We obtained GC cells (MGC-803, HGC-27, MKN-45, BGC-823) and 293 T cells from Shanghai Institute of Biochemistry and Cell Biology, Chinese Academy of Sciences (Shanghai, China), and cultured the cells in Dulbecco’s Modified Eagle Medium (DMEM) medium, supplemented with 10% fetal bovine serum (FBS; Invitrogen, Camarillo, CA, USA). All cells were maintained at 37 ℃ in an atmosphere of 5% CO2.
Collection of GC samples and immunohistochemistry
All GC specimens were collected from The Second Affiliated Hospital, Hengyang Medical School, University of South China, and confirmed by pathology. For the IHC assay, GC tissues from patients were taken to paraffin imbedding and cut, and stained by hematoxylin. The 4 µm thick sections of tissues were sliced. After deparaffinization and rehydration, samples were blocked from endogenous peroxidases with 3% solution of hydrogen peroxide. Following this, IHC staining was performed using the specific primary antibodies against CBX4 according to standard protocols. After 1× PBS rinses for 15 min, tissue sections were incubated with the rabbit anti-goat biotinylated secondary antibody, and then followed by incubation with streptavidin-horseradish peroxidase complex (SABC) and stained with 3,3'-diaminobenzidine tetrahydrochloride hydrate (DAB). Sections were counterstained with hematoxylin. The study was conducted in accordance with the Declaration of Helsinki (as revised in 2013). The study was approved by institutional ethics board of The Second Affiliated Hospital, Hengyang Medical School, University of South China, and informed consent was taken from all the patients.
Generation of CBX4-deleted GC cells
We selected MGC-803 and HGC-27 cells to construct CBX4-knockout (KO) cells, respectively. Briefly, the pX459 plasmid was utilized to clone sgRNA sequences that target CBX4. Then, MGC-803 and HGC-27 cells were planted into a 6-well plate and transfected with the constructed sequences. After one day, the puromycin (1 µg/mL) was used to screen GC cells for 72 hours. After drug screening, the remaining alive cells were further planted into a 96-well plate with the diluted concentration. The CBX4-KO cell clones were confirmed by western blot assay.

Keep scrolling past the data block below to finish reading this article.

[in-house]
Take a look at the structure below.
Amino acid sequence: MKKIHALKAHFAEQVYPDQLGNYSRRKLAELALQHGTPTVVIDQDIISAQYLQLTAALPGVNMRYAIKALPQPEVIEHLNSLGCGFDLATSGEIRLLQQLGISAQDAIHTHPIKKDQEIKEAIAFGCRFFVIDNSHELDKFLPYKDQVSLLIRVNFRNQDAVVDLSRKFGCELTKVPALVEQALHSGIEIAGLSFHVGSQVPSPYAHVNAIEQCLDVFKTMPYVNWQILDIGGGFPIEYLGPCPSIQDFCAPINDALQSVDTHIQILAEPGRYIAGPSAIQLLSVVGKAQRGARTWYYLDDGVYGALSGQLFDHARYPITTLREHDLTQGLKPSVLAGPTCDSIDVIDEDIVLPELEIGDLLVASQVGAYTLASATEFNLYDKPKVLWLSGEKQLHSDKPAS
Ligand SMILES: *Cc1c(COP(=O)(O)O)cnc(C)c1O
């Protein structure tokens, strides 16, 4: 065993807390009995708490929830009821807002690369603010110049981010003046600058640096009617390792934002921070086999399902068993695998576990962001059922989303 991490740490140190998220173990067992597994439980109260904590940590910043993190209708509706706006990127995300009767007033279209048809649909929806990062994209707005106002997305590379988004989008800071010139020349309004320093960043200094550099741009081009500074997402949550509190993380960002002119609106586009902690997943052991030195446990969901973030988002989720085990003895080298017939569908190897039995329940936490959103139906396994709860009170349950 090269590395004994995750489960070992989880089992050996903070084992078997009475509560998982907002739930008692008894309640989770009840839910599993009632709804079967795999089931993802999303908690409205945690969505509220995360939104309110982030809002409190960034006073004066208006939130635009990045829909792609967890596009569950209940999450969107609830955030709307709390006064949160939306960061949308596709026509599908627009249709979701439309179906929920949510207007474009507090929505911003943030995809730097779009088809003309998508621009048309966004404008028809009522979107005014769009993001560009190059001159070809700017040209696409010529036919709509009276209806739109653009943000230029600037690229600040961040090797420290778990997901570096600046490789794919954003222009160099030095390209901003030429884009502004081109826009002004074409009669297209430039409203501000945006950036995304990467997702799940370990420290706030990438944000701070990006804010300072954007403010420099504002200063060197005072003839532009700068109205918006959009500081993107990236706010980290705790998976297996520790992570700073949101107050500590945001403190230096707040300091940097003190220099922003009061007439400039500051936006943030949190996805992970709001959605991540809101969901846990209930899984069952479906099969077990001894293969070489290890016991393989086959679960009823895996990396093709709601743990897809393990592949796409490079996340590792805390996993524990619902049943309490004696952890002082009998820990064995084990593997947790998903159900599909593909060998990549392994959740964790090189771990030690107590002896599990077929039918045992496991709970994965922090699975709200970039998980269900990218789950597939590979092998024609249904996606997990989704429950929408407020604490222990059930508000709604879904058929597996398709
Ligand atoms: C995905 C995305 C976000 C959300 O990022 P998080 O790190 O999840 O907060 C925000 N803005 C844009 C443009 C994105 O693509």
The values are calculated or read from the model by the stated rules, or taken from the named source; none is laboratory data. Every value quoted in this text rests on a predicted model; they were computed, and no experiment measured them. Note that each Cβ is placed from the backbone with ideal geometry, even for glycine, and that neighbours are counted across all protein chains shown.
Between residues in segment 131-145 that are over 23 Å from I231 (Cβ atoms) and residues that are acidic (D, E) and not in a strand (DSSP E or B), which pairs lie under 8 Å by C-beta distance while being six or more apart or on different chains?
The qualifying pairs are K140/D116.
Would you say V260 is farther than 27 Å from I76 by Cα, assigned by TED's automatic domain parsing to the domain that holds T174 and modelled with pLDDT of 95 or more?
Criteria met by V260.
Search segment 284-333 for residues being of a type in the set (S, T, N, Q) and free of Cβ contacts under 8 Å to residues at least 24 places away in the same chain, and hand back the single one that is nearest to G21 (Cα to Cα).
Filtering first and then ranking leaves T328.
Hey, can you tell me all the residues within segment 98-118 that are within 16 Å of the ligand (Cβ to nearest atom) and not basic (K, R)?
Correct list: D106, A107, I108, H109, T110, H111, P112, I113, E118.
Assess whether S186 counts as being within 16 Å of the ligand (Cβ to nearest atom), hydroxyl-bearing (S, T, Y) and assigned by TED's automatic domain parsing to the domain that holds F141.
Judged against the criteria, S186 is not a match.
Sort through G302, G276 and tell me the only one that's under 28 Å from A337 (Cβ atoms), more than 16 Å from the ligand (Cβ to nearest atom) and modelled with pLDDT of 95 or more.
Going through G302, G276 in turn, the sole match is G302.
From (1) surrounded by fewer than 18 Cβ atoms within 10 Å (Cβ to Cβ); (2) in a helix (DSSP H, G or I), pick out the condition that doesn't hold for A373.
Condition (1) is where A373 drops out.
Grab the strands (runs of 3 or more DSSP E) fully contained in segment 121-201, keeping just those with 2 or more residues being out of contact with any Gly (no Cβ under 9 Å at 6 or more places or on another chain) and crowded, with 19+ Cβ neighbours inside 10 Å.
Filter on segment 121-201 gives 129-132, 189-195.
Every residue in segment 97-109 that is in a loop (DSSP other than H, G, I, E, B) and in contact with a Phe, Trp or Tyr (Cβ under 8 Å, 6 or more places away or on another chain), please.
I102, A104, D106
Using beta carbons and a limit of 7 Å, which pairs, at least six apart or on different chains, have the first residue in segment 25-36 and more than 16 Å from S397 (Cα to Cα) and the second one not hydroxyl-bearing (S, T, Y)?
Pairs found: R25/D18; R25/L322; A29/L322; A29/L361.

Colony formation assay and Transwell assay
For the colony formation assay, GC cell lines with CBX4 overexpression or CBX4-KO were diluted into a single-cell suspension. The 2,000 cells in each well of the 6-well plates were cultured under 5% CO2 at 37 ℃ for 10 days. After the cells were stained with 0.04% crystal violet and 2% ethanol, the colonies numbers were quantified and compared. The migration assay of BGC-823 and MGC-803 cells was performed in a 12-well Transwell plate with 8-mm polyethylene terephthalate membrane filters (Corning, Corning, NY, USA).
Tumorsphere formation assay
The ultra-low attachment plates (cat. no. 174925) were obtained from Corning Incorporated (Corning, USA). For the sphere formation assay, GC cells were plated in ultra-low attachment 96-well plates. Then, the cells were maintained in DMEM supplemented with 10% FBS. Afterwards, the sphere formation graphs were obtained after 14 days. We used 1,000 MGC-803 or HGC-27 cells for the sphere formation assay.
Western blotting assay
Cell proteins derived from the lysed cells were separated by sodium dodecyl sulfate polyacrylamide gel electrophoresis (SDS-PAGE), which were further transferred to nitrocellulose membranes. Then, 5% milk was mixed with tris-buffered saline with Tween 20 [TBST; 120 mM Tris-HCl (pH 7.4), 150 mM NaCl, and 0.05% Tween 20] to block the non-specific binding regions for 1 hour. After washing three times in phosphate-buffered saline (PBS), the membranes were further incubated with the primary antibodies of anti-CBX4 (Abcam, Cambridge, MA, USA; ab242149) and anti-CDC20 (Abcam, ab183479) overnight at 4 ℃. β-actin was used as a loading control. The next day, the membranes were washed with PBS three times. Then, the membranes were incubated with a horseradish peroxidase (HRP)-conjugated secondary antibody. All indicated proteins were visualized at the bands using a Dura SuperSignal Substrate (Pierce, Waltham, MA, USA).
Chromatin immunoprecipitation (ChIP) assay
The MKN-45 cells were cross-linked at 37 ℃ for 10 minutes with the 1% formaldehyde. Then, 300 µL of lysis buffer was utilized to resuspend the cells. The DNA was divided by sonication method into several fragments, which were further diluted to a SDS mixture with 0.1% concentration. Using the herring sperm DNA and Protein A/G Magnetic beads (Thermo Fisher, Waltham, MA, USA), the recovered supernatants were incubated by specific antibodies or an isotype control immunoglobulin G (IgG) for 2 hours. The antibodies are the anti-CBX4 (Abcam, ab242149) and anti-H3K4me3 (Abcam, ab213224). The immunoprecipitated DNA was retrieved from the beads with 1% SDS and a 1.1MNaHCO3 solution, which was further purified by a polymerase chain reaction (PCR) Purification Kit (QIAGEN, Valencia, CA, USA).